When South Dakota Midday had the Corps folks on, didn't they mention how the last change to the master manual took 30 years to complete?

    I don't know how much we can blame any one entity (red states, governors, pine beetles, etc.) when everyone has their hand in the cookier jar.

    The ACE is responsible for maintaining a complex system, trying to placate the many wants and needs of the largest river system in the US. I don't envy them that task. I'm not a Daugaard apologist, but I'll give the man credit for not passing blame to the Corps.

  32. larry kurtz 2011.06.10

    "Yet", Wayne.

    This flooding event is already a political issue; expect the ejecta to hit the fan soon. As Commander-in-Chief, the President will have to answer to the charges from those anxious to advance the GOP agenda into the primaries. The signals are clear; that's why Democrats have to get ahead of the message and determine how the downstream Republicans are at least as responsible as the Corps is.

    Mark my words: the crime originated in DC, but was committed in Omaha.

  33. TCMack 2011.06.10


    Is your last line referencing the Pick-Sloan Plan as the "crime"? That damming the river in the first place was wrong? On other note I would like to point out two issues. Janklow during the 1980s was always hated the Corps so this comment is not new news. He complained then and he is complaining now. So that is no new news. Finally, I would like to ask Wayne has he ever seen the Master Manual? That thing is huge. I went to a couple of listening sessions on the new revisions of the manual. They had copies of the Manual for people to take home. The copies were huge I think the only thing that I have seen that was bigger was the federal budget. I do not see need for Daugaard to criticize the Corps anyway, because Rounds and Janklow are taking the point on the issue. While the former governors take shots at the Corps, it allows Daugaard to be the guy that is worrying about his citizens.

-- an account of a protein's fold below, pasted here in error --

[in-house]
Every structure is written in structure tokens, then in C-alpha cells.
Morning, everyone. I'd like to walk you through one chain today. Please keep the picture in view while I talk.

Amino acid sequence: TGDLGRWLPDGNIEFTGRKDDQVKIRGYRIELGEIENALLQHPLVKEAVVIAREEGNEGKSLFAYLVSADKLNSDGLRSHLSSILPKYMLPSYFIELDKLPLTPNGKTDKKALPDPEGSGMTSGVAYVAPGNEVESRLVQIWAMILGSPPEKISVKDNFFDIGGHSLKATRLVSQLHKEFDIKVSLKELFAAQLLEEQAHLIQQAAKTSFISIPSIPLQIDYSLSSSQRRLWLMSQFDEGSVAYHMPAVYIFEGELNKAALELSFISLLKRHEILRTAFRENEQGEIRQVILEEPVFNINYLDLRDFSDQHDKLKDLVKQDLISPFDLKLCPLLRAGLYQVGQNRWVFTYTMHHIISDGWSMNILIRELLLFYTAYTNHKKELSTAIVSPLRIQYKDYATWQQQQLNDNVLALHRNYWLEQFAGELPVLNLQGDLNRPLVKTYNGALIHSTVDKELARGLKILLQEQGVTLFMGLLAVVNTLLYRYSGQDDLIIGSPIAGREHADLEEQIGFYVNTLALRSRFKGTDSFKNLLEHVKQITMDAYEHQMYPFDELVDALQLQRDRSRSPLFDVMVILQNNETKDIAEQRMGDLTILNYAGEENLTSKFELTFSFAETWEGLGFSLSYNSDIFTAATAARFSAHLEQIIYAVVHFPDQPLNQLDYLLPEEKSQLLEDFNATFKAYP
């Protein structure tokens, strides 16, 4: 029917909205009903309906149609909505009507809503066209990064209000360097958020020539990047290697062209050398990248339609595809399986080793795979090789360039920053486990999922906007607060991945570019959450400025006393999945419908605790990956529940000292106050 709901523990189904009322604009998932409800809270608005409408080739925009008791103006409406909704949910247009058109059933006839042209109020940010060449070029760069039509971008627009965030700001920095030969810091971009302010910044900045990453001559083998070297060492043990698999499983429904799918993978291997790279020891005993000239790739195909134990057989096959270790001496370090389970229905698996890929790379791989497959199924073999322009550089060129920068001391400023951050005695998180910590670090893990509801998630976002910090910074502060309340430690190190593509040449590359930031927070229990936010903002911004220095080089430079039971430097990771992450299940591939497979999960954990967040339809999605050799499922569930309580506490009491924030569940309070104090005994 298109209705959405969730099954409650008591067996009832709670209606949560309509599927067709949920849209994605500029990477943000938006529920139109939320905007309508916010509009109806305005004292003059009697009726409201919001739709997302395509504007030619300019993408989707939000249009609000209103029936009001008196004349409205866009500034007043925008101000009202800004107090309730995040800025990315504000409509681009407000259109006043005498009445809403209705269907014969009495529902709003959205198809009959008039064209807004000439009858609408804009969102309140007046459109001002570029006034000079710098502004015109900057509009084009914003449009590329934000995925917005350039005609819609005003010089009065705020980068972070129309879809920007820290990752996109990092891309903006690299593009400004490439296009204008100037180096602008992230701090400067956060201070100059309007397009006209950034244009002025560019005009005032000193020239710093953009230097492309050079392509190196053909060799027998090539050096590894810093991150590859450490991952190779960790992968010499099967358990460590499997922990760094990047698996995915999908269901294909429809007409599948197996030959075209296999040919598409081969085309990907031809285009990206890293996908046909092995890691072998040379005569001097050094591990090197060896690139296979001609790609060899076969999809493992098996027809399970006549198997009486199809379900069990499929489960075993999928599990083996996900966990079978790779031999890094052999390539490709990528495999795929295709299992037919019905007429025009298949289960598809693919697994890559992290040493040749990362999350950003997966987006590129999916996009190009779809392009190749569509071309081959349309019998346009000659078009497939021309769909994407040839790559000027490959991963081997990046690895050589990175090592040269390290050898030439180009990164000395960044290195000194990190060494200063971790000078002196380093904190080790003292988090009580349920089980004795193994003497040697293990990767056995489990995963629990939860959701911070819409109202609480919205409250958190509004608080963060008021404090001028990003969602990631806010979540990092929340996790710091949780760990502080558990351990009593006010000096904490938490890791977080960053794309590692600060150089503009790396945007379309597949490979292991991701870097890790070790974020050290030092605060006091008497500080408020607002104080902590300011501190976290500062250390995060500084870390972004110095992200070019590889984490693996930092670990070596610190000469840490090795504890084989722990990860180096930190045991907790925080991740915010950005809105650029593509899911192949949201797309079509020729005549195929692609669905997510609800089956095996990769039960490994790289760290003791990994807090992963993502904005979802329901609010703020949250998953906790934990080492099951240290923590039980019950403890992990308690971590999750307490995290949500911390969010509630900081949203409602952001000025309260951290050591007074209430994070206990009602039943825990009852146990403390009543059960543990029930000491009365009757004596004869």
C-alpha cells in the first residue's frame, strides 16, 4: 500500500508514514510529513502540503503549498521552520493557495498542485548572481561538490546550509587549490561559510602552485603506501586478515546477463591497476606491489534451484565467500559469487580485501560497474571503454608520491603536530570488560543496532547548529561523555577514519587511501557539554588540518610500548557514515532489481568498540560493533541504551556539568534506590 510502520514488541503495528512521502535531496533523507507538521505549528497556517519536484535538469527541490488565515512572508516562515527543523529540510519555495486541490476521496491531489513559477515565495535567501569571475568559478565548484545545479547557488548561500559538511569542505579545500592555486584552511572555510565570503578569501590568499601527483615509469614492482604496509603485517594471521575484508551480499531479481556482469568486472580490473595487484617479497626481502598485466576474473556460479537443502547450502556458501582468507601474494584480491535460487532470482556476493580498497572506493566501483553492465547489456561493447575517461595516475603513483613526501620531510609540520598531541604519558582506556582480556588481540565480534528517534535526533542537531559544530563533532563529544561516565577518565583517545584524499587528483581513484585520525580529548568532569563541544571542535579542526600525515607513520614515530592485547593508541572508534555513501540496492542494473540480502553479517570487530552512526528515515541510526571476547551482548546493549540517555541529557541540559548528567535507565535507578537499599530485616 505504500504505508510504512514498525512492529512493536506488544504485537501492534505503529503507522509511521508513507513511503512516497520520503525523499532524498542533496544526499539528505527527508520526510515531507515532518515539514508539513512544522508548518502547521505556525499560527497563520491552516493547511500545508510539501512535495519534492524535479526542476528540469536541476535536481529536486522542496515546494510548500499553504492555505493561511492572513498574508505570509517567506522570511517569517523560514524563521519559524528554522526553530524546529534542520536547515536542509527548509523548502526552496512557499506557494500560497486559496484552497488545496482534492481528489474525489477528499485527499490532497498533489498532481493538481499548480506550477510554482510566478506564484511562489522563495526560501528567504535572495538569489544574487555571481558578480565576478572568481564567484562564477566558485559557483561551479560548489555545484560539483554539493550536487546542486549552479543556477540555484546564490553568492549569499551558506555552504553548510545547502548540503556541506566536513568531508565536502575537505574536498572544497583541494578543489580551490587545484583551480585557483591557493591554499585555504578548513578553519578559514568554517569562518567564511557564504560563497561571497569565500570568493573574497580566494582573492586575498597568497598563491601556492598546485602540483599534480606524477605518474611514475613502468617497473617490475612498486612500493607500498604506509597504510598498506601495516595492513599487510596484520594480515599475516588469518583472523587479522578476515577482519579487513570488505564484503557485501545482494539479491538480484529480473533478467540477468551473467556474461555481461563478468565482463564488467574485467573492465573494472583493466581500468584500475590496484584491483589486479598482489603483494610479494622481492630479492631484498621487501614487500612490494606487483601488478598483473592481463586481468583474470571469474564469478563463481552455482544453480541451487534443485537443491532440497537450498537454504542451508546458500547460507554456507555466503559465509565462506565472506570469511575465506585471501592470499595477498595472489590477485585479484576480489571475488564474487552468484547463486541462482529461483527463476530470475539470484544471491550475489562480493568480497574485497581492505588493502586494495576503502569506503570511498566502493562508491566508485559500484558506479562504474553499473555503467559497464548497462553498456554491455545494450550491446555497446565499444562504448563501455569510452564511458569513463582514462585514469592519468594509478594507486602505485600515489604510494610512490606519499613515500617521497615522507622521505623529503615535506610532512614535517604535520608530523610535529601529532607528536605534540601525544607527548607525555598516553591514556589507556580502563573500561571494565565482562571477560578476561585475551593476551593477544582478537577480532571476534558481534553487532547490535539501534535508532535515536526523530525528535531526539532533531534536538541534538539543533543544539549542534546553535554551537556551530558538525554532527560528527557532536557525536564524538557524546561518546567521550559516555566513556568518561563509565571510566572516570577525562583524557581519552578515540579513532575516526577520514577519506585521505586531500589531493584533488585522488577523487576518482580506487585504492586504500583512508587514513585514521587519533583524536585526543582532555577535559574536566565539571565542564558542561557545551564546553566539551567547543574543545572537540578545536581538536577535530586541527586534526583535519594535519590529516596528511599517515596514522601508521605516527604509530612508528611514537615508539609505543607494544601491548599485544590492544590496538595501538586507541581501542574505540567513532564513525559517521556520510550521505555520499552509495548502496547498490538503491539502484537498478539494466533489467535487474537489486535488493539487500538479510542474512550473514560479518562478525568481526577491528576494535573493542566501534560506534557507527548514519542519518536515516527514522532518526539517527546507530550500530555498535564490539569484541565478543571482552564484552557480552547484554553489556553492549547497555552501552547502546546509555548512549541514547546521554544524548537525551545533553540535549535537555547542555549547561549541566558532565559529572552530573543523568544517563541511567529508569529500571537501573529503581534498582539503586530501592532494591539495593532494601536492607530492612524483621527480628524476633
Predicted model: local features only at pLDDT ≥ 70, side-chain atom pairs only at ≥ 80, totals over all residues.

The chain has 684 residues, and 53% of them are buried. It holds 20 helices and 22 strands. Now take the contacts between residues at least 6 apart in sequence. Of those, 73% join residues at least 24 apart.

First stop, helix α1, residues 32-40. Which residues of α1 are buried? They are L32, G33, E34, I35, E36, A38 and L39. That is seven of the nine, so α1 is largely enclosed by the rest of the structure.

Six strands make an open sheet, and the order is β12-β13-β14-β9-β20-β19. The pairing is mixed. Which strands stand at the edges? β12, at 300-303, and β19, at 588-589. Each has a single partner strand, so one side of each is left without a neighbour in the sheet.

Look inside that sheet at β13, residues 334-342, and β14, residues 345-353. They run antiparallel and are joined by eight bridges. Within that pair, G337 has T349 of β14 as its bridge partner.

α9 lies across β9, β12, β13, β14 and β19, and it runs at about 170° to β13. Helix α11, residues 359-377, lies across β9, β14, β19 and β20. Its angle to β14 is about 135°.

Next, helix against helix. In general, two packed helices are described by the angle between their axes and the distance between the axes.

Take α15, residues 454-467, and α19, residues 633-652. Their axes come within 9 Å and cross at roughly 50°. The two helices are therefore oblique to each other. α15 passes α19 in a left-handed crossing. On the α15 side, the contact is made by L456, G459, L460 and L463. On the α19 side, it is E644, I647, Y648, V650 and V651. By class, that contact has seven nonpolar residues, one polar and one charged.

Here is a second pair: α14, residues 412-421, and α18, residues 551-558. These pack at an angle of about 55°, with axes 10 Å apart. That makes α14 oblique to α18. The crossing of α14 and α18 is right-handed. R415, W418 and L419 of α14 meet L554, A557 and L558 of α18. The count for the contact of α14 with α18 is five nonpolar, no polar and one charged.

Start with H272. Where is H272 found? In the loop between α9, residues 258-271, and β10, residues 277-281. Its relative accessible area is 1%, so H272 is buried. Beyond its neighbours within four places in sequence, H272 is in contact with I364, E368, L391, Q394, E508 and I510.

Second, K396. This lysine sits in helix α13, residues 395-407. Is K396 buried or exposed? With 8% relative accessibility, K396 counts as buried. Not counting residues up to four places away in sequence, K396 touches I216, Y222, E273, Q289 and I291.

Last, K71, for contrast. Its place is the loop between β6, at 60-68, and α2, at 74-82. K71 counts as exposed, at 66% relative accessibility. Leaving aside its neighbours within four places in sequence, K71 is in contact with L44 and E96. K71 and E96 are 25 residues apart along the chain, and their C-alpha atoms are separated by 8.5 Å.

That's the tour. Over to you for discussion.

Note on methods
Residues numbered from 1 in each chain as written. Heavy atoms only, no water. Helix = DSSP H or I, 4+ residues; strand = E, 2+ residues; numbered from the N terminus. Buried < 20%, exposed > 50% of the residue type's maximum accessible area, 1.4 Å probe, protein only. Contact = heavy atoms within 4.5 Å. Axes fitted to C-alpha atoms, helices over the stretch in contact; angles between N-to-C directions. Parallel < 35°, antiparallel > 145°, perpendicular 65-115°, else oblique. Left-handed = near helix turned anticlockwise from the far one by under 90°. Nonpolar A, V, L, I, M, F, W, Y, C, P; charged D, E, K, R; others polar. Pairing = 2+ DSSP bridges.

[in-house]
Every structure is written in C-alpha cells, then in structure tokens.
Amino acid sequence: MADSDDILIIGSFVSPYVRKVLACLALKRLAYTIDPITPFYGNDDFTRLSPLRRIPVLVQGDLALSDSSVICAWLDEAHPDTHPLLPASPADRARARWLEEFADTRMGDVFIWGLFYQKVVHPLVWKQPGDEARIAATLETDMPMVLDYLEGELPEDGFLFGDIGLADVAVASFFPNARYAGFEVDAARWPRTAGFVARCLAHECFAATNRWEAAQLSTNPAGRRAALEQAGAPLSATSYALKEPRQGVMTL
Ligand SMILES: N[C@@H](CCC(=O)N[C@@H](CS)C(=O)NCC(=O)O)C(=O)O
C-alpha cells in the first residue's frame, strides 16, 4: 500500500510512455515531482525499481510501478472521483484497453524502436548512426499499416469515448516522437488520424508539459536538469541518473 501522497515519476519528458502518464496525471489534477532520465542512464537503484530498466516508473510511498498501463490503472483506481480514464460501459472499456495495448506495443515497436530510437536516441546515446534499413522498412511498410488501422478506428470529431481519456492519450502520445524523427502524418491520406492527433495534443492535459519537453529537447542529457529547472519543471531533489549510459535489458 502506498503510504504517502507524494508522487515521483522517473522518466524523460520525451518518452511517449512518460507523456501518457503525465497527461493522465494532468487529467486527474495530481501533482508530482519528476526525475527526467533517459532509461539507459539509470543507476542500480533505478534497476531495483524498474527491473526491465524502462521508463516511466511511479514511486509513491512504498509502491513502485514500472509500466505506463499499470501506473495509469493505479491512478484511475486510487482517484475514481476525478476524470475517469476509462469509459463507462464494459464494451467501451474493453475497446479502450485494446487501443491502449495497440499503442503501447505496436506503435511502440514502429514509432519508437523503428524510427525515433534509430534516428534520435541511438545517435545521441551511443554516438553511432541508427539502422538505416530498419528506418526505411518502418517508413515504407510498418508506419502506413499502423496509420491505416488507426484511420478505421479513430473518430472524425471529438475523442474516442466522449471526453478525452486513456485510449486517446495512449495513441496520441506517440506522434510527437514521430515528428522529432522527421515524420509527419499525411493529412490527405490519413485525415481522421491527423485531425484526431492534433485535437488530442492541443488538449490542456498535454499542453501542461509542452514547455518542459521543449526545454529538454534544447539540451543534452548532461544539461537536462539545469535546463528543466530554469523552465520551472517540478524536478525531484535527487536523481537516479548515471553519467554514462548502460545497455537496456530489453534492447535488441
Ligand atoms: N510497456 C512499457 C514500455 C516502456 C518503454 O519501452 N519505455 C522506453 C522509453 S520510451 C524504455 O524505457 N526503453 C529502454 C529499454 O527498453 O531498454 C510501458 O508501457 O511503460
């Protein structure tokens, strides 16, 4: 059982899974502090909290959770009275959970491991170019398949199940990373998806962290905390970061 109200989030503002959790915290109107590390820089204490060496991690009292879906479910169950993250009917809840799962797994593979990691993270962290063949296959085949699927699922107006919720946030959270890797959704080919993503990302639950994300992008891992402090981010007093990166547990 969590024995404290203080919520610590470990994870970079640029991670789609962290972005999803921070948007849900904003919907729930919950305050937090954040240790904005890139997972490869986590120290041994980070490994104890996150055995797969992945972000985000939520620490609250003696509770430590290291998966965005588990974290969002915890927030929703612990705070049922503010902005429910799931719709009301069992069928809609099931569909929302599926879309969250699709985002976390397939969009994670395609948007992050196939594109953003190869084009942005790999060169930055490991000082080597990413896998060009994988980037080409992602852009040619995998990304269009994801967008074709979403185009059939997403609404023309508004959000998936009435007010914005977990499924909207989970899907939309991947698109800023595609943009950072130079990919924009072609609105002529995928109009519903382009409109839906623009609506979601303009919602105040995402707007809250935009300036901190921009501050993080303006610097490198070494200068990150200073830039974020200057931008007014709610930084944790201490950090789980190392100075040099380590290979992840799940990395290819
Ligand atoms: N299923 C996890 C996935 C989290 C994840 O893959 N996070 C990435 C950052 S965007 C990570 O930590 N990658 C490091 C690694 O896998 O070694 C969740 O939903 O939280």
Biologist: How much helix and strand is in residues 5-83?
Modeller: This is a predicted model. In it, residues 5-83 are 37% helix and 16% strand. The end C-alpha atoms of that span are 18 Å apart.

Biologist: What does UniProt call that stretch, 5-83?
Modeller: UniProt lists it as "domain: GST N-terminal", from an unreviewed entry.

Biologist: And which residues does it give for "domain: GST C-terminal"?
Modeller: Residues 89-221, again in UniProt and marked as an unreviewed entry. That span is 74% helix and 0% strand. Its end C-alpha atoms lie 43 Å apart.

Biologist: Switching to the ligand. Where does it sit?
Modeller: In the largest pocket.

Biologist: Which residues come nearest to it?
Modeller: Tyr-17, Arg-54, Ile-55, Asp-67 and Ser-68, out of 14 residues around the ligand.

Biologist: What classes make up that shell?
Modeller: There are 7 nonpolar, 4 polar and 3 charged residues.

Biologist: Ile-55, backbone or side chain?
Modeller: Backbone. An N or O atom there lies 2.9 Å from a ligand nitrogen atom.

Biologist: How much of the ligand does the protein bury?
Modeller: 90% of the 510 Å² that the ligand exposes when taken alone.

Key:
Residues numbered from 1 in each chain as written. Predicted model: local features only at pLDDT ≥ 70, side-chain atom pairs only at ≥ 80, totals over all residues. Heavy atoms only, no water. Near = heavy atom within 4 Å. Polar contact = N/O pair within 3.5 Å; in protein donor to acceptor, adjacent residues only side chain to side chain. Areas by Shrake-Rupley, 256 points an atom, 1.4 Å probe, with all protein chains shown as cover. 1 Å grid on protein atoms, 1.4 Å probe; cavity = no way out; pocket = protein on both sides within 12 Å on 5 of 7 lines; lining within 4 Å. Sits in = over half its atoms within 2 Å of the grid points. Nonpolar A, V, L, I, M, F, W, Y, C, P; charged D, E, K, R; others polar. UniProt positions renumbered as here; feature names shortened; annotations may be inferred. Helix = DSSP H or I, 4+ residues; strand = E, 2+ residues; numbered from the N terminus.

34. Wayne B. 2011.06.10